GARY STEEL pulls yet another mouldy 40-year-old story out of his considerable behind. This one’s about an obscure Wellington group called The Digits.
The Digits are the unknown band with the album with the crazy title. Their music and ideas are pretty crazy too.
To say that they have worked independently would be putting it mildly. They’ve virtually existed in a little bubble of their own dabbling. Many Wellingtonians knew nothing of their existence until recently.
Would you like to support our mission to bring intelligence, insight and great writing to entertainment journalism? Help to pay for the coffee that keeps our brains working and fingers typing just for you. Witchdoctor, entertainment for grownups. Your one-off (or monthly) $5 or $10 donation will support Witchdoctor.co.nz. and help us keep producing quality content. It’s really easy to donate, just click the ‘Become a supporter’ button below.
The Digits are peculiar. They are Malcolm Pickup, guitar, vocals, great name, Delmar Mason, vocals, (“Anything else?” “That’s enough!”), John Derwin, drums, and Tony, bass.
The catalyst and spokesman is solo dad Pickup. We talked to him at his Johnsonville home.
Pickup is the most experienced Digit. During a seven-year stay in America, he played “mostly proms and stuff like that” with a rock duo called Sister Ray. “You can puke all over the place. It’s just accepted that that’s what you do at proms. You get people wiped out on mescaline in the bathroom, people spiking drinks and stuff and multi-sickness, you know?”
His several groups fell apart. “The guitarist OD’d, Zilly turned into a speedfreak and got a farm somewhere…” And Pickup woke up with a shock in ’77 in “the outback of Esk forest outside of Napier shooting goats and things like that”. This man calls himself a pacifist?
Coaxed back into playing, Pickup got involved with Smashed Executive, recorded evidence of which can be found on the Radio Windy Home Grown album. This band dissolved/evolved into Petracken, which in turn evolved into The Digits.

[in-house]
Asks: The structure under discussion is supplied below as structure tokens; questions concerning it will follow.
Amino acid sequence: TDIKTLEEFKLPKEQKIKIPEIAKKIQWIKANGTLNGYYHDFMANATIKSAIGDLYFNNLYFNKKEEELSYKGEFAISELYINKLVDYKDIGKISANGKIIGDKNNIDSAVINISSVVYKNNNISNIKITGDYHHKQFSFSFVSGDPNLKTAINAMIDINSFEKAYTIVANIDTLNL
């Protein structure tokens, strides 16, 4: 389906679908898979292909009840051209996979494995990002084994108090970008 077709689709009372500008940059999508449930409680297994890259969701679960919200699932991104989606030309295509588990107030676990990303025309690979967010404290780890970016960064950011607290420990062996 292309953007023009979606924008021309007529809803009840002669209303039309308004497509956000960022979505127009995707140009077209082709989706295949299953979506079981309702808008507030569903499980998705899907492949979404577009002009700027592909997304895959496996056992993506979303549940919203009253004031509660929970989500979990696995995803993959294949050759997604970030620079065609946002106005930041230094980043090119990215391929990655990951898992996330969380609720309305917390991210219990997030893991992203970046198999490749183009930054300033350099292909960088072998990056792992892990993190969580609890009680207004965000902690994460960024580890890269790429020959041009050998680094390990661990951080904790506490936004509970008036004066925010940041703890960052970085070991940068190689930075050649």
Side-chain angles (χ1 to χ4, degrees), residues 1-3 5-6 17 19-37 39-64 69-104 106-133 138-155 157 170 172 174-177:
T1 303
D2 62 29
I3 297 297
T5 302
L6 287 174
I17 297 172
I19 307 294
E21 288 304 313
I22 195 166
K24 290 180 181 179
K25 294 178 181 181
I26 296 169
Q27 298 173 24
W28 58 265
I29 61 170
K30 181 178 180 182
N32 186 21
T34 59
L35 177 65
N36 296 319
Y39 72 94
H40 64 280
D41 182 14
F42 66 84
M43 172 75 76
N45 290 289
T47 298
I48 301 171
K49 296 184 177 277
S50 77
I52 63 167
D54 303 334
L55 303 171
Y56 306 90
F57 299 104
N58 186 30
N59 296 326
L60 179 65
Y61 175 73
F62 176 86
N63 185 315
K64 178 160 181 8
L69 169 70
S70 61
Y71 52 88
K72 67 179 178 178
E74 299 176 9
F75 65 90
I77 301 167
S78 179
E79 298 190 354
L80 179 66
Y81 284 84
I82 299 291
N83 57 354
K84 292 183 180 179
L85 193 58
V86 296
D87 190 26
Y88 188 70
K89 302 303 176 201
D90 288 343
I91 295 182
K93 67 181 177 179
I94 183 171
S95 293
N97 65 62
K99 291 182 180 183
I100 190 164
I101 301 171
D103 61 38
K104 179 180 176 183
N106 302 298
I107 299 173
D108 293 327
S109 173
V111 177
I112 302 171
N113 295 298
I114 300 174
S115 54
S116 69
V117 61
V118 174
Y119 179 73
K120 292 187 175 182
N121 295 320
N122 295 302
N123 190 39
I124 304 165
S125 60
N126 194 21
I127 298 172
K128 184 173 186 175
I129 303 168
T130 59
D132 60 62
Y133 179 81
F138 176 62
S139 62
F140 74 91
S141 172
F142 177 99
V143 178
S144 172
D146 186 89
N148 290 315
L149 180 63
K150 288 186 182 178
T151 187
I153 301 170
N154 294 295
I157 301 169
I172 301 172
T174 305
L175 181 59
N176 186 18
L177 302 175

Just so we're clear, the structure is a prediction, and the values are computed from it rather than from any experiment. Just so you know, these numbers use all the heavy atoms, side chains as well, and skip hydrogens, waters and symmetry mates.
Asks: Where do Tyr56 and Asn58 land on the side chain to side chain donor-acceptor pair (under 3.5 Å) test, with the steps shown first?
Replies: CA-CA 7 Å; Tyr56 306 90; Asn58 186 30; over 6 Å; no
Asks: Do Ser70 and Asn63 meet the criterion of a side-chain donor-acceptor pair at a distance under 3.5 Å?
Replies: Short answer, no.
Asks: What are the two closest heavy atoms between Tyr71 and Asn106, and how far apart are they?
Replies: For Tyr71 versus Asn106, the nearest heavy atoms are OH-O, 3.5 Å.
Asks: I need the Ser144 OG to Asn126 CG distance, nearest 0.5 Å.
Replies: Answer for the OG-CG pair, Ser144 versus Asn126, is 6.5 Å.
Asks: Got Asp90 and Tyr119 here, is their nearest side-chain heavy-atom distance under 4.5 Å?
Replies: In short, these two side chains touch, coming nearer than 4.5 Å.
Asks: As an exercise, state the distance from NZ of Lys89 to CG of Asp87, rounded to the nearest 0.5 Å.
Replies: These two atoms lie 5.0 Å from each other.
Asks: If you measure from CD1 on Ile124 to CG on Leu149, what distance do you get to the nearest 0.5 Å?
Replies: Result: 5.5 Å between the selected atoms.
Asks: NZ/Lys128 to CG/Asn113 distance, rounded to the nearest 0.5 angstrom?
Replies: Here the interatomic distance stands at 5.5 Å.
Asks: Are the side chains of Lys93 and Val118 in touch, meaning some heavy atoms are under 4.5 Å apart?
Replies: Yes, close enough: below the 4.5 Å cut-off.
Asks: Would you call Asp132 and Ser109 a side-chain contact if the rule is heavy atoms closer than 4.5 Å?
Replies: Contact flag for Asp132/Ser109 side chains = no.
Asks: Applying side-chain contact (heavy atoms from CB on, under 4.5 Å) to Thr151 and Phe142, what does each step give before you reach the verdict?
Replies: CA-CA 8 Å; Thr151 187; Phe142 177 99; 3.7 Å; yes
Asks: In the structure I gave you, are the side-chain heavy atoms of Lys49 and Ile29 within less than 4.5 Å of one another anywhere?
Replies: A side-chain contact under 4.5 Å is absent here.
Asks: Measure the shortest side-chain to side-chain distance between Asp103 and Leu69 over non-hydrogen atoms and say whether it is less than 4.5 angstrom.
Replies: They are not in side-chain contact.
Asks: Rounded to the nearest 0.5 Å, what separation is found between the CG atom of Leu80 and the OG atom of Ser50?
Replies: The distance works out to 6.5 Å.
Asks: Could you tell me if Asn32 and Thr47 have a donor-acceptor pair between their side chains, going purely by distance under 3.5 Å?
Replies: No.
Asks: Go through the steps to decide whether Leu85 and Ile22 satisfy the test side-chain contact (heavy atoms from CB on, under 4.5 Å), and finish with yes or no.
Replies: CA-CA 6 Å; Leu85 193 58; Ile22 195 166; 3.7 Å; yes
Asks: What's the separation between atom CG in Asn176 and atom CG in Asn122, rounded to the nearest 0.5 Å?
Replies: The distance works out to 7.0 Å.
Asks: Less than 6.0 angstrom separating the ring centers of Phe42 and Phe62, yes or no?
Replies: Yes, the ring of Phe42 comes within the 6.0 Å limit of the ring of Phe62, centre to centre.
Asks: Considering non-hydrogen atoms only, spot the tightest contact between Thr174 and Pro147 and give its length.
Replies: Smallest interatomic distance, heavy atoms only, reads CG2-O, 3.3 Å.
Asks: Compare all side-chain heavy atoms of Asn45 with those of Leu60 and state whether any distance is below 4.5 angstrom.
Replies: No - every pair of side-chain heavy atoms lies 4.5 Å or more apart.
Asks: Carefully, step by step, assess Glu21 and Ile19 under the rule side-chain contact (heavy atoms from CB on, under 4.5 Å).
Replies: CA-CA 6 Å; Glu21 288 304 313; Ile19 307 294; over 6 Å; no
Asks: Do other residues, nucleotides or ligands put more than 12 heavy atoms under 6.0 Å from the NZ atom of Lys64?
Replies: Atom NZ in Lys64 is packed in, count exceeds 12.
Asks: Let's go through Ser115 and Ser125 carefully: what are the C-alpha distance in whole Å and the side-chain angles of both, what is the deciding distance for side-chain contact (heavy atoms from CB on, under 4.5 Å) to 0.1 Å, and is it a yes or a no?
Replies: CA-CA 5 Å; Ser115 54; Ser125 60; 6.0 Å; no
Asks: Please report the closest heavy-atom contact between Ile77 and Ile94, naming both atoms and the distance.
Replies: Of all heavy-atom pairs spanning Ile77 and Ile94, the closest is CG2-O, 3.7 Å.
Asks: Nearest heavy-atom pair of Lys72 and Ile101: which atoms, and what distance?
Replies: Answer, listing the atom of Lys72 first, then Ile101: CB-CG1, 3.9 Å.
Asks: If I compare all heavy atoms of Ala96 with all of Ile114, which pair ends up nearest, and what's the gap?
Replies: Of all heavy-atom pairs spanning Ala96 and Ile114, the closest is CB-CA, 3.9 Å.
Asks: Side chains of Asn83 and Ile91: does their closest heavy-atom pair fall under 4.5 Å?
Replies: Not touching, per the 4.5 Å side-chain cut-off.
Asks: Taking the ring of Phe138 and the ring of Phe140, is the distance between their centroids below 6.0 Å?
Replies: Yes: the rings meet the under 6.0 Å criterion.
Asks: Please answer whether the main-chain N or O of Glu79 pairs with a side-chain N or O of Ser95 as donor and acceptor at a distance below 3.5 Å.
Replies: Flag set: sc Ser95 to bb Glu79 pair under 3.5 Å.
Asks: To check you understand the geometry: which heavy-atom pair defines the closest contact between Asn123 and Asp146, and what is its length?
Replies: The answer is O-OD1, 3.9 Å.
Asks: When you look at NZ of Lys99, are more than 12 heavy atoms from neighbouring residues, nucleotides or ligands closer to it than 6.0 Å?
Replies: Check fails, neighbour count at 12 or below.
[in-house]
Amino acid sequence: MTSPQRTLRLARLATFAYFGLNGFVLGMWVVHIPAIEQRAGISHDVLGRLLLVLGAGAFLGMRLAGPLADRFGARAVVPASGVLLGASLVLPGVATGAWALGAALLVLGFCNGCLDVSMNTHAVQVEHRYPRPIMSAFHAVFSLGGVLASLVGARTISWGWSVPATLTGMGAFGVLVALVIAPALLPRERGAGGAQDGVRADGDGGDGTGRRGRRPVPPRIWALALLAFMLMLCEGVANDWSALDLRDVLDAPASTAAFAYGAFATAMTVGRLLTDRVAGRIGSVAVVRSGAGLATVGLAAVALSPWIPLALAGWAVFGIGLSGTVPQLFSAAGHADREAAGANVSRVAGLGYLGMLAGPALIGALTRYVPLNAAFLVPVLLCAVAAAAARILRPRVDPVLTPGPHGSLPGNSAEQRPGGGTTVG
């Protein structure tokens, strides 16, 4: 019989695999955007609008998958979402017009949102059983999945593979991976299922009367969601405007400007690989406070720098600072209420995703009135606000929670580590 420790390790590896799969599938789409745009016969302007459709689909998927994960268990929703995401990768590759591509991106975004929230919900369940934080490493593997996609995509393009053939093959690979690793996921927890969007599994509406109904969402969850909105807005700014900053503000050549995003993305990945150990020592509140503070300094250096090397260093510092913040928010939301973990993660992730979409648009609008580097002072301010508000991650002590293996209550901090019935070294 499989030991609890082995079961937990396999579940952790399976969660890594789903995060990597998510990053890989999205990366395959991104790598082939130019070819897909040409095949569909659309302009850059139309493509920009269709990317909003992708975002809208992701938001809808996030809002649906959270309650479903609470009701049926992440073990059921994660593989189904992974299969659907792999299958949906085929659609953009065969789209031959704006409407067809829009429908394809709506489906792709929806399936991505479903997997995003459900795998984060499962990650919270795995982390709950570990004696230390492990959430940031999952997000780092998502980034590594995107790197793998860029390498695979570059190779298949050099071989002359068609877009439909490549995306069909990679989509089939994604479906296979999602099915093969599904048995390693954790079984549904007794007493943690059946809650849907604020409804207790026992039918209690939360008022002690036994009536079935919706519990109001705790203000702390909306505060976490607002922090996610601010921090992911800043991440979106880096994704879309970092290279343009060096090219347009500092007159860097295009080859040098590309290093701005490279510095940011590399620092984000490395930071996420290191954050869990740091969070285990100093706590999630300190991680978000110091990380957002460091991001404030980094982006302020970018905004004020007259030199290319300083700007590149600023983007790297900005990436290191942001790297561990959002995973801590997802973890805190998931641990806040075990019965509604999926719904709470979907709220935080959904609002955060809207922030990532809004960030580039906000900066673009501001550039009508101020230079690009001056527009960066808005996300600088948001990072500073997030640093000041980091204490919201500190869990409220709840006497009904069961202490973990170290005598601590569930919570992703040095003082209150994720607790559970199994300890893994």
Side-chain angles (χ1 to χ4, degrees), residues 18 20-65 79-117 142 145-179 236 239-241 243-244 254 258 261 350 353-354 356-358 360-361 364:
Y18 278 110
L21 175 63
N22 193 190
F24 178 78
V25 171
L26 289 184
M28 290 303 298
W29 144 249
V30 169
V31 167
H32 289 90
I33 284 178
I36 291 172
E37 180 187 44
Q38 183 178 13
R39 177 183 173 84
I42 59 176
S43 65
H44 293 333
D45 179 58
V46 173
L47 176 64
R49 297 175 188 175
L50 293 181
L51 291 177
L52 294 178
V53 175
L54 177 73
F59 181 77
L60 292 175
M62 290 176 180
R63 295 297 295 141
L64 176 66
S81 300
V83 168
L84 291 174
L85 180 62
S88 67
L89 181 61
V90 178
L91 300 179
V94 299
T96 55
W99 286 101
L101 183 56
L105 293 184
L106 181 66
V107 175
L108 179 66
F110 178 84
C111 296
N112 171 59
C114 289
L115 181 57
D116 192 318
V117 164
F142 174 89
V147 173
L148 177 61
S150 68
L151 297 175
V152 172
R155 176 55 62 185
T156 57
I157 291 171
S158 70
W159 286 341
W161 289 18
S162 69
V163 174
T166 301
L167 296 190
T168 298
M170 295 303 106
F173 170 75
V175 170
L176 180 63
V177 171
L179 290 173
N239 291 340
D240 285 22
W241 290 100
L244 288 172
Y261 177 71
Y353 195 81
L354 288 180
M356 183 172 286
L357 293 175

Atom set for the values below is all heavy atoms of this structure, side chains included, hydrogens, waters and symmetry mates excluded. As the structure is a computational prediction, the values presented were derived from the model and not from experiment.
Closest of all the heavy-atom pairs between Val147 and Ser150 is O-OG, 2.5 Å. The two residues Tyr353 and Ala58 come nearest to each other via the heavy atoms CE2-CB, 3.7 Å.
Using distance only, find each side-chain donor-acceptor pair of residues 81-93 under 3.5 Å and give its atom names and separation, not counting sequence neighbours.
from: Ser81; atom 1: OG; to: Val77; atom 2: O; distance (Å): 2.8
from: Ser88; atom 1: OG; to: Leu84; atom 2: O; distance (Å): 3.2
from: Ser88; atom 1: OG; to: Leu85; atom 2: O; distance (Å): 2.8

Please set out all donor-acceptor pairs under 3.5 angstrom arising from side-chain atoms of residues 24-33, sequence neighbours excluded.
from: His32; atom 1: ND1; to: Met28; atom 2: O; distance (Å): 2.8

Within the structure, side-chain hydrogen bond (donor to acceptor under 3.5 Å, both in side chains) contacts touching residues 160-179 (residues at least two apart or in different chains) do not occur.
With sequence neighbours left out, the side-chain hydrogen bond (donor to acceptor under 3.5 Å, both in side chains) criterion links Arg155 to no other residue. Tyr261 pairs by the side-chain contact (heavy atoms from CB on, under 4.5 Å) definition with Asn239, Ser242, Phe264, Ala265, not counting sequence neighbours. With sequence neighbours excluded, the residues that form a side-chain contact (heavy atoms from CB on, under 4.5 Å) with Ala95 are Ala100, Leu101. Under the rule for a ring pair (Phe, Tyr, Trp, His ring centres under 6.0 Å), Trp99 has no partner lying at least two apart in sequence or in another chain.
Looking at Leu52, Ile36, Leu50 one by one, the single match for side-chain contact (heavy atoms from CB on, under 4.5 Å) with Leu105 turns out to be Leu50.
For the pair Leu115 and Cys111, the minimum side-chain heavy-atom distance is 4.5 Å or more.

“Apart from the name changes, the ideas are still the same and the music’s still the same,” says Pickup.
The Digits, then, have effectively been together since Christmas ’79. They stayed pretty quiet through 1980 with only a couple of gigs to their credit. But by early ’81 they had their first LP completed (it has already sold out of its first pressing), and had their second and third albums well underway. They are also doing tracks at Marmalade (until now they have worked at 4-track studio Sausage) for a possible single.
Apart from the band, the members are into their own sidelines. For instance, Delmar plays in his own heavy rock band, and Pickup himself is an obsessive meddler with tapes and sounds. He keeps his TV on an off-channel for the patterns, and can often be found taping and transmogrifying electronically sounds recorded from television. He played a tape of Johnny Carson audience laughter recorded like gunshots punctuating the night.
Not your run-of-the-mill band, The Digits are in the not enviable position of being a non-commercial band which vehemently avoids being trendy. Their music, which although quite experimental, avoids making new wave concessions.
Their Wellingtonzone gig was ample demonstration of the ultra-trendies’ reaction: ultra-negative! But there may just be an audience for what the Digits have to offer. Either way they’ll get their revenge on the unconvinced, with honour.
* Notes: Although I long ago lost all my interview transcripts from this era I can remember the slight awkwardness of my visit to the Digits suburban house. This was a time when anyone remotely hip lived in the inner city, and Digits just didn’t fit the bill. I haven’t heard the album since 1981, but it may scrub up better now than it seemed to at the time. The Wellingtonzone concert referred to was a showcase of Capital bands at the Town Hall that included The Steroids, The Mockers and BRF. Parts of the gig were used on a subsequent compilation album released on Bunk Records. I suspect that parts of Pickup’s story were flagrantly fictional. I had forgotten about the very 1980s habit of tuning a TV to an off-channel to watch the patterns. Life before the interweb! Ha!